I’ve been clear that I think the principles behind the Work Programme – continuing the move to payments based on outcomes rather than processes, bringing in private and voluntary provision – represent continuity with Labour’s Flexible New Deal and are something I want to encourage.
And of course, I can see the potential in having dozens – perhaps hundreds – of providers trying new and innovative ways of getting people into work, with techniques that are successful being financially rewarded and emulated across the system. Chris’ company is just one of a number of bidders that are keen to take on one of the toughest tasks in Britain today; getting someone from benefits into sustained employment.
But there are key questions that will determine if the Work Programme is a success or a failure.
Firstly, we can’t afford bureaucratic vacuums as the transition is undertaken. The major bidders need clarity to design their financial models.
Subcontractors, especially small charities, shouldn’t be left in the dark or in the lurch over the next few months when they are going to be absolutely vital to the long term success of the programme.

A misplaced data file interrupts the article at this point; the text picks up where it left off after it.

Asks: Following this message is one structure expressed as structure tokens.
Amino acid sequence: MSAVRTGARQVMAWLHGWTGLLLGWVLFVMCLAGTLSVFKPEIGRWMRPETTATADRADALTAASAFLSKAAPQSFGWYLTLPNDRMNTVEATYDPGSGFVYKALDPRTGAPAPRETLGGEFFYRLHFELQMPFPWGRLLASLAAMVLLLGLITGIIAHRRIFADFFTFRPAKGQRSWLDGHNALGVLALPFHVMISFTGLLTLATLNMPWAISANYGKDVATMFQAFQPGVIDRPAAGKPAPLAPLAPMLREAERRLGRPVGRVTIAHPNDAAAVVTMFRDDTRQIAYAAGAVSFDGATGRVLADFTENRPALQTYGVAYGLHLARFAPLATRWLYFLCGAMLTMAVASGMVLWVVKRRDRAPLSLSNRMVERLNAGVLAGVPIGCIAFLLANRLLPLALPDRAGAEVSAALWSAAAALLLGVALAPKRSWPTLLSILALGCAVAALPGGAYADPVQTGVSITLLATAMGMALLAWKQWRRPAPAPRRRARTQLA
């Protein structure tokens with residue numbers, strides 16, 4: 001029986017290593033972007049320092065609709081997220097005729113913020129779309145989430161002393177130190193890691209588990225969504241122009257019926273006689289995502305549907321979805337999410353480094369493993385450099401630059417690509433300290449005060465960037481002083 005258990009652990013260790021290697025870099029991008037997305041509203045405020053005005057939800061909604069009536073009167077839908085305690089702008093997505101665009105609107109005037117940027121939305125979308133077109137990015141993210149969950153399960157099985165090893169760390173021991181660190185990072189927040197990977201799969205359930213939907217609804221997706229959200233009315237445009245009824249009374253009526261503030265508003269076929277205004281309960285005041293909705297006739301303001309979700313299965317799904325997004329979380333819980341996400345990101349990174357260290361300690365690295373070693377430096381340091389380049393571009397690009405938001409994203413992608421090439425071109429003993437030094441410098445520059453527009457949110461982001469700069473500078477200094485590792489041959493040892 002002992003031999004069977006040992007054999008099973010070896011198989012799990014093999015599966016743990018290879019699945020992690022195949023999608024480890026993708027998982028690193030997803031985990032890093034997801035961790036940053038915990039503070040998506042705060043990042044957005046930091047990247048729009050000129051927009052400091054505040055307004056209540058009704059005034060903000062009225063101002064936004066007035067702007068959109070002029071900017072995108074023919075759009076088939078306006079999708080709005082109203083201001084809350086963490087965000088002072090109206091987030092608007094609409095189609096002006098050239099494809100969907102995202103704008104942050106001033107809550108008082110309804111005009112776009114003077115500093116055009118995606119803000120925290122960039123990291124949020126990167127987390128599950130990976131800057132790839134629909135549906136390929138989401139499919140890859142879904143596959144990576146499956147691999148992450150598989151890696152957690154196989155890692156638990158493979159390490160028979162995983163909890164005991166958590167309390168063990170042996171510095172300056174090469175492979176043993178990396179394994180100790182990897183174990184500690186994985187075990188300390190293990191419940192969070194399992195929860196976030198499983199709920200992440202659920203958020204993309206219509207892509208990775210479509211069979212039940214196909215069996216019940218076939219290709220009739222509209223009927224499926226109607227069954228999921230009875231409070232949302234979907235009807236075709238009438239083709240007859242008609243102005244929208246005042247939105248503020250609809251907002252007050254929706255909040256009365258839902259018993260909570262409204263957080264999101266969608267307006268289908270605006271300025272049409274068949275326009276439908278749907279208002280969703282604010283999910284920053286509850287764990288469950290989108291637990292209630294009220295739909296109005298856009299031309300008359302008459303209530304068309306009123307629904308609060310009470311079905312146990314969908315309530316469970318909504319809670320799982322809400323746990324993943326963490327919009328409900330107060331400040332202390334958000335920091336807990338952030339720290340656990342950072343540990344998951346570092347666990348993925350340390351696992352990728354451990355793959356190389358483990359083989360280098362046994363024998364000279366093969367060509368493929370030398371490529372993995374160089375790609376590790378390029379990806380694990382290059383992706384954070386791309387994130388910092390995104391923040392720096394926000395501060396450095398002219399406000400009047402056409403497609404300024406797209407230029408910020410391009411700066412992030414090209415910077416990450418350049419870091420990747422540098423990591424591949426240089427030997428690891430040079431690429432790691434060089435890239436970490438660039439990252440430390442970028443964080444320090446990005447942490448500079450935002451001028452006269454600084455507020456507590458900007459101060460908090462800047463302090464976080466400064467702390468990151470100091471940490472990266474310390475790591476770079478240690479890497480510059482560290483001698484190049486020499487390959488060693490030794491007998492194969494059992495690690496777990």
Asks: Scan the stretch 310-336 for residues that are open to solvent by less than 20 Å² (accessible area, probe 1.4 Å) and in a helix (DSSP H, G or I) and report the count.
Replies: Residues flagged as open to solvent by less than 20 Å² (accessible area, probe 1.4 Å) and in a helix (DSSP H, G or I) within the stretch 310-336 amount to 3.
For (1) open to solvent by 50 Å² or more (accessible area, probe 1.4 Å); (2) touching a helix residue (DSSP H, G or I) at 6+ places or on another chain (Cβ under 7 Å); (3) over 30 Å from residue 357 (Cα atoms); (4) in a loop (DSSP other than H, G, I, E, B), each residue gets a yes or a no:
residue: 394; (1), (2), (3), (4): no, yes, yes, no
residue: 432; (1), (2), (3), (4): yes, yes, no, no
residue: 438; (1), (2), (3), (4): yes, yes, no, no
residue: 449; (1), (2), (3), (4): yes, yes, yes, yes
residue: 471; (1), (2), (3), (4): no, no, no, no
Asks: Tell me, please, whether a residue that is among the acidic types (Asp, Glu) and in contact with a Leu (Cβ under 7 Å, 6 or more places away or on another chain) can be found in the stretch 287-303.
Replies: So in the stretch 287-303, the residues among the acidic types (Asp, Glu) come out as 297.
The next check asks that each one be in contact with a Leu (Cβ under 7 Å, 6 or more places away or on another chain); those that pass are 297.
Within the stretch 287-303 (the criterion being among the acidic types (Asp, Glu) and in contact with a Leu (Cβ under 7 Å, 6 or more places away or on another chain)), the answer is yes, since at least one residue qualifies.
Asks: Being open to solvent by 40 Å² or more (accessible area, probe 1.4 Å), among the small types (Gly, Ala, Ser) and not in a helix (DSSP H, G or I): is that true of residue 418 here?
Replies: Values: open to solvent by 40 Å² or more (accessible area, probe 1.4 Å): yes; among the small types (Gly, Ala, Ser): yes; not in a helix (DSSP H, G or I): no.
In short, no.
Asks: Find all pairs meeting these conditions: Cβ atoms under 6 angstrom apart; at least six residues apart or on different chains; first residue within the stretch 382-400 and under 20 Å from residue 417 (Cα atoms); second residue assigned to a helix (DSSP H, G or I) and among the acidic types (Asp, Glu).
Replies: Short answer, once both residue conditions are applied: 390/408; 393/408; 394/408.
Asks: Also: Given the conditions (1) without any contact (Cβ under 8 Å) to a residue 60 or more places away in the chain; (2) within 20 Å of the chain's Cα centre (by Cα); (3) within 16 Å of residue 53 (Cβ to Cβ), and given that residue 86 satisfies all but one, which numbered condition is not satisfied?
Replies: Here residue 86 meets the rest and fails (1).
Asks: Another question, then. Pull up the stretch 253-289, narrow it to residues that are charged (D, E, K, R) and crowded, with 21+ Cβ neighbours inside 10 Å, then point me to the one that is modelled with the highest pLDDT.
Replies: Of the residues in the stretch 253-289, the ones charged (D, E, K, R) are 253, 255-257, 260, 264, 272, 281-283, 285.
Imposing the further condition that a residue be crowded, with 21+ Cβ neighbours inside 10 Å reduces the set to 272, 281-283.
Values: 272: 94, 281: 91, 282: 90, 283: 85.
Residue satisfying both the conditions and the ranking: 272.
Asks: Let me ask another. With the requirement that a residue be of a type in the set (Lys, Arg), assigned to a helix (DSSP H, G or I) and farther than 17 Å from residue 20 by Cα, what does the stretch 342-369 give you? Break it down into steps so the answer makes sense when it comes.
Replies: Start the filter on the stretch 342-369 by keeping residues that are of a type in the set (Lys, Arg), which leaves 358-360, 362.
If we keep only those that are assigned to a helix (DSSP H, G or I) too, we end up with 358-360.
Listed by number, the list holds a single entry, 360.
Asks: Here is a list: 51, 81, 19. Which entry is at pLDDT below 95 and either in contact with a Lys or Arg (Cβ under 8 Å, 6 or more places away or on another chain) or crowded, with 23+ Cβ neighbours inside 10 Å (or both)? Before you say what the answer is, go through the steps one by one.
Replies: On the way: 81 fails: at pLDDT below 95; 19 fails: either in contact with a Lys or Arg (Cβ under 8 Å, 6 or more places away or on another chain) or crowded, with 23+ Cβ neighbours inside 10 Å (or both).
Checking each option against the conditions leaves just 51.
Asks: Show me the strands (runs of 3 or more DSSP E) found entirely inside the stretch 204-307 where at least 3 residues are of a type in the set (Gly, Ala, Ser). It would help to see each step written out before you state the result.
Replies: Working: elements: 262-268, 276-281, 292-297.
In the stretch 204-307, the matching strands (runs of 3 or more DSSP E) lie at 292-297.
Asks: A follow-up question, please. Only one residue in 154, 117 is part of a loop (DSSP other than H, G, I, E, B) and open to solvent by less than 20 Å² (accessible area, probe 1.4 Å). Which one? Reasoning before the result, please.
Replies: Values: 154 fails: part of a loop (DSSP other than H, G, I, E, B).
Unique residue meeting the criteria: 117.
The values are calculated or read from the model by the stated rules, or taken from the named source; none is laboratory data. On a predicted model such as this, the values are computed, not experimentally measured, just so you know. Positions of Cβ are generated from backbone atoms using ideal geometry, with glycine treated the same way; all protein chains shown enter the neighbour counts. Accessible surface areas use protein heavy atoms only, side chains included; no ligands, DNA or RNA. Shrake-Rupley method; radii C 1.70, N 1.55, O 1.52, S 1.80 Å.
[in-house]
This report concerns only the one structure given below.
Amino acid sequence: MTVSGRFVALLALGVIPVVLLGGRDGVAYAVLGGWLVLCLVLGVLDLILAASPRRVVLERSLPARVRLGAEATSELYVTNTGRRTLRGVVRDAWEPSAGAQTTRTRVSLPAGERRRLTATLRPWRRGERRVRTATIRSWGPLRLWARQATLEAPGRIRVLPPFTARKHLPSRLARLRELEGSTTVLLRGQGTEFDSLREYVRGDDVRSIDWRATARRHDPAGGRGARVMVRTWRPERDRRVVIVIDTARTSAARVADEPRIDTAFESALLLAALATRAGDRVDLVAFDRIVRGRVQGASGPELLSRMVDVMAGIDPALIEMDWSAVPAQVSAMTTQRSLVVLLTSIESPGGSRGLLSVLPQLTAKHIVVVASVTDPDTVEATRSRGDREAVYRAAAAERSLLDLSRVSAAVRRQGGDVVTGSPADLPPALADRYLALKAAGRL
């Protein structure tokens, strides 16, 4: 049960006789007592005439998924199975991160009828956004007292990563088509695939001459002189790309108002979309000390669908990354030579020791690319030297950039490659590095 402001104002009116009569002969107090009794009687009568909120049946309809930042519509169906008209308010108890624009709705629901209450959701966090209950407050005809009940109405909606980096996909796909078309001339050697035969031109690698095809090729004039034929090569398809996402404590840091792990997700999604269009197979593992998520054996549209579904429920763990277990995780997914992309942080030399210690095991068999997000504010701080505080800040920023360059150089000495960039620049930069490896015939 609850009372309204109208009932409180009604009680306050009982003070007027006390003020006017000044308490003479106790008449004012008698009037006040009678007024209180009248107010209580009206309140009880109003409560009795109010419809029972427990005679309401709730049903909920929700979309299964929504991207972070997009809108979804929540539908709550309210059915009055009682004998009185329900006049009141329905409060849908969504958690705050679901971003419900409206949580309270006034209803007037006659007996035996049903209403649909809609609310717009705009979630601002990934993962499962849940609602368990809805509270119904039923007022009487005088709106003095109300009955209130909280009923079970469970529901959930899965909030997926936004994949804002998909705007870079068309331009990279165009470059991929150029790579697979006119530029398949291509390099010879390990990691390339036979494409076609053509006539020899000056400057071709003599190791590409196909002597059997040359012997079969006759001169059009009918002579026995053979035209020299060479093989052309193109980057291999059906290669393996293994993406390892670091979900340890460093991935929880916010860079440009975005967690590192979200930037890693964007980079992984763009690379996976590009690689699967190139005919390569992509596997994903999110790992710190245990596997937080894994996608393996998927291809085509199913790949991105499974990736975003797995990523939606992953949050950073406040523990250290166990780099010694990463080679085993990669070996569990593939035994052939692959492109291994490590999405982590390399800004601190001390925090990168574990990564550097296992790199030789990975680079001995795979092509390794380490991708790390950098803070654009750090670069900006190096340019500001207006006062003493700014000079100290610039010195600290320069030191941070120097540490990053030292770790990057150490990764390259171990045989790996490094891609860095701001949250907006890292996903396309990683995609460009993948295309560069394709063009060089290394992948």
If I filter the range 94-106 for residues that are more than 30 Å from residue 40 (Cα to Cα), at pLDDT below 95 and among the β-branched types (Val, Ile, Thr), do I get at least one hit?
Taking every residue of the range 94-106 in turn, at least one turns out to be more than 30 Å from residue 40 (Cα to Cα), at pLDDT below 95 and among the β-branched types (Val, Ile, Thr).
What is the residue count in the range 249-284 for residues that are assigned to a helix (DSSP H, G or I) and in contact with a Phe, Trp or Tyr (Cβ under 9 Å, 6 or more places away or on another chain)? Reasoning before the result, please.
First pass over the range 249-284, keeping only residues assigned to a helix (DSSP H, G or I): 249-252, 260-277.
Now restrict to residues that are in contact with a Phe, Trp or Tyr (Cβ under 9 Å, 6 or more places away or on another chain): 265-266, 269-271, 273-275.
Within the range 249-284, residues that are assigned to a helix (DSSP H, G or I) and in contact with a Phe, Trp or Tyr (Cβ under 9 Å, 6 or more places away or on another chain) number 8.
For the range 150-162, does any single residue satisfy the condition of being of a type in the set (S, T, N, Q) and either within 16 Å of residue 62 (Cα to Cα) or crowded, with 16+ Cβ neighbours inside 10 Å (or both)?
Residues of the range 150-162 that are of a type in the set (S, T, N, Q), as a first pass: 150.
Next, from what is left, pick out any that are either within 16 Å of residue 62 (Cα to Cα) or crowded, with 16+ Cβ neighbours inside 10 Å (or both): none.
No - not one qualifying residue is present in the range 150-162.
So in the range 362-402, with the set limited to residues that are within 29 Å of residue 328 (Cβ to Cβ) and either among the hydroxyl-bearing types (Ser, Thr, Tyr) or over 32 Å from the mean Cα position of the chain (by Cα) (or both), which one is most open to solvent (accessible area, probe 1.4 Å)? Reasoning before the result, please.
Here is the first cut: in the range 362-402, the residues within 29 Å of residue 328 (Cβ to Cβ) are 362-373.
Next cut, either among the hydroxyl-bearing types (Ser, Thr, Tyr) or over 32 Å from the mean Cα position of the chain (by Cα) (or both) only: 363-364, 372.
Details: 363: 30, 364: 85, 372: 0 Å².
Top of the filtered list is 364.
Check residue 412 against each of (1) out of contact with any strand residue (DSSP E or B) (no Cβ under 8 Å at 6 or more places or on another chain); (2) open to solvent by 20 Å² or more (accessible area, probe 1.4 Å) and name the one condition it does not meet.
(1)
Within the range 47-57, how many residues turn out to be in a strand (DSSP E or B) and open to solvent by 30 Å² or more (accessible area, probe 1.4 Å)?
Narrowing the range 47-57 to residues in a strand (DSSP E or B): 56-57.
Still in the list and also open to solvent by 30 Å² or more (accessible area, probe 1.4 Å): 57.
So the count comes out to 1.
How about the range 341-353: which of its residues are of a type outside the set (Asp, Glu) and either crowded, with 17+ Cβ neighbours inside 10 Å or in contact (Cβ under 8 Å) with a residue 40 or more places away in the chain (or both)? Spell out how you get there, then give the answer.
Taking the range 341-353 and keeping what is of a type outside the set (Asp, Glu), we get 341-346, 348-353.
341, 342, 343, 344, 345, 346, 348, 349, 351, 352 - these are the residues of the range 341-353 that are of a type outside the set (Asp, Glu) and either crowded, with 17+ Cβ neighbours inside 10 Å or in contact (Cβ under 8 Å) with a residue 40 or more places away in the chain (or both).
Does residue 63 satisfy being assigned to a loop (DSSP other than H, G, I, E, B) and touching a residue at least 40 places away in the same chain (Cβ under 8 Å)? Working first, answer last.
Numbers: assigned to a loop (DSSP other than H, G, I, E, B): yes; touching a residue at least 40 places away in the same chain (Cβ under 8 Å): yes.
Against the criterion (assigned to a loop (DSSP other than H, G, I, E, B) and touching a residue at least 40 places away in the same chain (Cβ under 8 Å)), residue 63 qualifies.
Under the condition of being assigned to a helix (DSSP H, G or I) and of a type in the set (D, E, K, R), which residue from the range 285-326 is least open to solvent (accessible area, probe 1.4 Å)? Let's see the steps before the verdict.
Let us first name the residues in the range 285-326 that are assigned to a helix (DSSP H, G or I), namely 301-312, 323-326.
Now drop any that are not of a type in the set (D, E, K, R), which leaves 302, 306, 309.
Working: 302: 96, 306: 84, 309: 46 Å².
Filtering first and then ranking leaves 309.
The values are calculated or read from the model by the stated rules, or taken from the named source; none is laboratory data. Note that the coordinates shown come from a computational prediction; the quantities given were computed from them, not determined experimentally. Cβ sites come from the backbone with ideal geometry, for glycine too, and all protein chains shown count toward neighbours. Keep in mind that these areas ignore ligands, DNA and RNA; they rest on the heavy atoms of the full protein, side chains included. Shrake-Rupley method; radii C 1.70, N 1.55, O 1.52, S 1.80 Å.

And most of all, next year may be precisely the point at which the risk of problems in the jobs market is going to be at its highest and people will need all the support they can get – so nobody can afford to have half a system running for the first six months of the year.
Secondly, we need a structure that really does reward and incentivise results. On pricing, we are told that the pricing system will reward providers that help those hardest to reach, but will it treat, for example, all people on Employment and Support Allowance, the same? The danger then would be that it wouldn’t be financially viable to invest the extra money that it will take to help those furthest from the labour market within each group of claimants.
Will it treat each local jobs market the same? The risk then could be that providers have fewer incentives to work in areas that have high unemployment but very few vacancies.